Lifestyle Editing, Pt.1: Burn-Out

The other day I sat down at a local coffee shop ready to write a little something sweet for y’all when I unexpectedly ran into a friend and his wife. We crossed paths for about 2.5 seconds that day, but the conversation was so purposeful and inspiring. Most of that chat was a bit about young leaders and the common areas of concern we encounter as budding new enthusiasts. Among the topics? Soul care, creating margin in life, sustainability, and burn out. 

After taking time to think through the vastness of those arenas, I realized they’re largely impossible to tackle in one sitting. They’re best consumed in small bits and savored. If you don’t, you miss the whole point. 

So consider today the beginning of a bit of a “Soul Care & Life-Style Editing” series. We’re going to start in reverse, working our way back to the underlying foundation of Soul Care. We’ll walk through burn out, step into sustainability, develop a plan for creating margin, and then camp out at Soul Care. 

When we talk about "burn out”, or anything really, it’s important to define our terms. What do we mean by “burn out”? How do we spot it? And the primary question we’re asking today, how do we prevent it? 

Look it up in any dictionary and you’ll likely find a variation of this definition: Burn out refers to “a physical or mental collapse caused by overwork or stress.” I would take it a step further and pose that “burn out” also includes a spiritual stalling rooted in the soul caused by taking on too much too fast. Just reading that definition alone is enough to make me want to take a nap. 

There are a few things that tip us off to burn out. Among the worst are becoming increasingly unsympathetic towards others, experiencing a major increase in irritability when faced with small problems or inconveniences, and an overall feeling of being rundown or drained. When you can check the ‘yes’ box on all three of those, you can bet you’ve come down with a pretty bad case of burn out. 

The remedy?

In a perfect world, I’d say the remedy is to prevent it. But since we’re all likely going to find ourselves burnt out at one time or another, here are a few ways to bounce back, regain a grip on your focus, and reignite your heart with passion.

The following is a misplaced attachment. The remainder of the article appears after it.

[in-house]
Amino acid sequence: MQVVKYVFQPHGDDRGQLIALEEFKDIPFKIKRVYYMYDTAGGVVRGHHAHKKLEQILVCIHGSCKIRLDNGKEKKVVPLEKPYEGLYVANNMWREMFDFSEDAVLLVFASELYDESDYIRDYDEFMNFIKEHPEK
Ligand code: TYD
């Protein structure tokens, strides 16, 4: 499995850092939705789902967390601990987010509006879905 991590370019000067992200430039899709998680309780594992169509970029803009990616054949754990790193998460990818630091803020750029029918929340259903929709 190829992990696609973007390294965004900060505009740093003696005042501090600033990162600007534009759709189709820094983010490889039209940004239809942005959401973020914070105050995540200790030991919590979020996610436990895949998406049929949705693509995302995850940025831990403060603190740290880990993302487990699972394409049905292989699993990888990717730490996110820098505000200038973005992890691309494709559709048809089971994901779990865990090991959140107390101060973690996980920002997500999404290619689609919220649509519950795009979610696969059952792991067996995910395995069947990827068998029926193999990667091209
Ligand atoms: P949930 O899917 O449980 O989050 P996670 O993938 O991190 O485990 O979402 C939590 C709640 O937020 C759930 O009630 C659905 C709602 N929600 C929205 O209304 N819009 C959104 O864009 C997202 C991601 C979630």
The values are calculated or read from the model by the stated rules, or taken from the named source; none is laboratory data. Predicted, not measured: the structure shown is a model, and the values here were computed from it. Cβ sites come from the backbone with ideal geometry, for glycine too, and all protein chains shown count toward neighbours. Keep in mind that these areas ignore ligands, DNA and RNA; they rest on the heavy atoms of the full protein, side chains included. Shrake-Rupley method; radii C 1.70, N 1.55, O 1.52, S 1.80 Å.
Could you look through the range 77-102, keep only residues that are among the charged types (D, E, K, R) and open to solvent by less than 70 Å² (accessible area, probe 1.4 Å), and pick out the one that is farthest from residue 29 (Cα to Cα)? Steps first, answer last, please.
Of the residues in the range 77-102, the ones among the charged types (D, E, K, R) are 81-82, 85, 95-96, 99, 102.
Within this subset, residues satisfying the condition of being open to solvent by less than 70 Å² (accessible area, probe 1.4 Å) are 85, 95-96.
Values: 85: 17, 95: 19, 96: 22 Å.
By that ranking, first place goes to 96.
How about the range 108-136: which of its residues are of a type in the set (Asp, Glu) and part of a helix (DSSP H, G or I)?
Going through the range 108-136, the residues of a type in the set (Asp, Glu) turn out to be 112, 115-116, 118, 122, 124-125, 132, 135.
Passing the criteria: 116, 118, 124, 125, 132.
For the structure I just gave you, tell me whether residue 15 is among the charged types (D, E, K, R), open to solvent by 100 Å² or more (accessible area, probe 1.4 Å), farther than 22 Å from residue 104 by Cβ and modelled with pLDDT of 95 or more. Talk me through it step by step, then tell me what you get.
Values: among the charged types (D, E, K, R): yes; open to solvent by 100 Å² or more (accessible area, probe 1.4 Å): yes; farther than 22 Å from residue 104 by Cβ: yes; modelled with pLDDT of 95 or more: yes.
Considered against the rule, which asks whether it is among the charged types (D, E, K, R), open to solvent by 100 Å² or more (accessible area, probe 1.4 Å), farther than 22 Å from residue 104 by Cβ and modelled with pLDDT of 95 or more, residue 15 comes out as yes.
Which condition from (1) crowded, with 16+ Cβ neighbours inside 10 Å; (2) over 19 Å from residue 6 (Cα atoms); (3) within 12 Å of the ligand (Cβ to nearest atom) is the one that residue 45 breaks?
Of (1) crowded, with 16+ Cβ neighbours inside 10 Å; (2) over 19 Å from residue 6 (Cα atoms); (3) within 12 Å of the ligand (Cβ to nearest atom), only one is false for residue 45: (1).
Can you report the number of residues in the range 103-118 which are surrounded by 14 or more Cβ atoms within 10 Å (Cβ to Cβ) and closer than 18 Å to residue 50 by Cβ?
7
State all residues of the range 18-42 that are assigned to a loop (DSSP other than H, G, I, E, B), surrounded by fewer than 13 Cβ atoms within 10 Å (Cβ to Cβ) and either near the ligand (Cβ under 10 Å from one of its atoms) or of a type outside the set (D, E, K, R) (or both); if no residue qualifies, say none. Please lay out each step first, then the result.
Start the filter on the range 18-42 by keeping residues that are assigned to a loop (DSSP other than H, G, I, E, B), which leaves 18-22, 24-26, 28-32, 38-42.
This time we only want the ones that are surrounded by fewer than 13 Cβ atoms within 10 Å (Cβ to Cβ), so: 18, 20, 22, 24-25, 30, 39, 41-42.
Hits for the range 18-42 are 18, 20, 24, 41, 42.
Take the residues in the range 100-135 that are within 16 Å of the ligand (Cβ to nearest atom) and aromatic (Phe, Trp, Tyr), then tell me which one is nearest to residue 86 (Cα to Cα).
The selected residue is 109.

The short version? 
Slow down. 

The long version?

1 - Say “no” and be committed to that choice.

We live in such a “more-is-more’’ and “do it all” culture. We give ourselves little badges of honor when we sacrifice ourselves on the altar of ministry or work. Somewhere along the way we forgot that the scripture actually says, “Obedience is better than sacrifice,” & not the other way around. 

What if obeying God meant saying "no" to more? Did you know the world "no" isn't a bad word? 

I think I heard you all gasp just a little.  

We have got to learn how to say “no”. Forgetting how to say “no” is most often what leads us to burnout. Burn out leads to emotional and physical exhausted. Our body literally begins to shut down on us. 

Meanwhile, we’re committed to three new high-capacity projects at work, leading a smaller group of people in some capacity,  planning our sister’s baby shower, volunteering for weekend events above our regular volunteer gigs, and that's not even mentioning our forty hour a week full time job and the relationships we are trying to maintain. 

"Let what you say be simply ‘Yes’ or ‘No’; anything more than this comes from evil.” Matthew 5:37, ESV

"Slow down. Take a deep breath. What's the hurry? Why wear yourself out? Just what are you after anyway?” Jeremiah 2:25, MSG

Saying "no" allows us to slow down to the pace that God had in mind for us. Which leads us to the next point….

2 - Rest. 

We weren’t ever asked to run ourselves rampant. Even Jesus had to take time to slow down and refocus—in fact, He did so repeatedly: 

"But Jesus often withdrew to lonely places and prayed.” Luke 5:16

"Very early in the morning, while it was still dark, Jesus got up, left the house and went off to a solitary place, where he prayed.” Mark 1:35, NIV

This is what we would call “sabbath”. That’s just a fancy term which basically means “stop working”. It’s incredibly vital to your overall wellbeing, especially the caring of our soul. Exodus 20:8-11 says,

"Remember the Sabbath day, to keep it holy. 9 Six days you shall labor, and do all your work, 10 but the seventh day is a Sabbath to the Lord your God. On it you shall not do any work, you, or your son, or your daughter, your male servant, or your female servant, or your livestock, or the sojourner who is within your gates.11 For in six days the Lord made heaven and earth, the sea, and all that is in them, and rested on the seventh day. Therefore the Lord blessed the Sabbath day and made it holy.”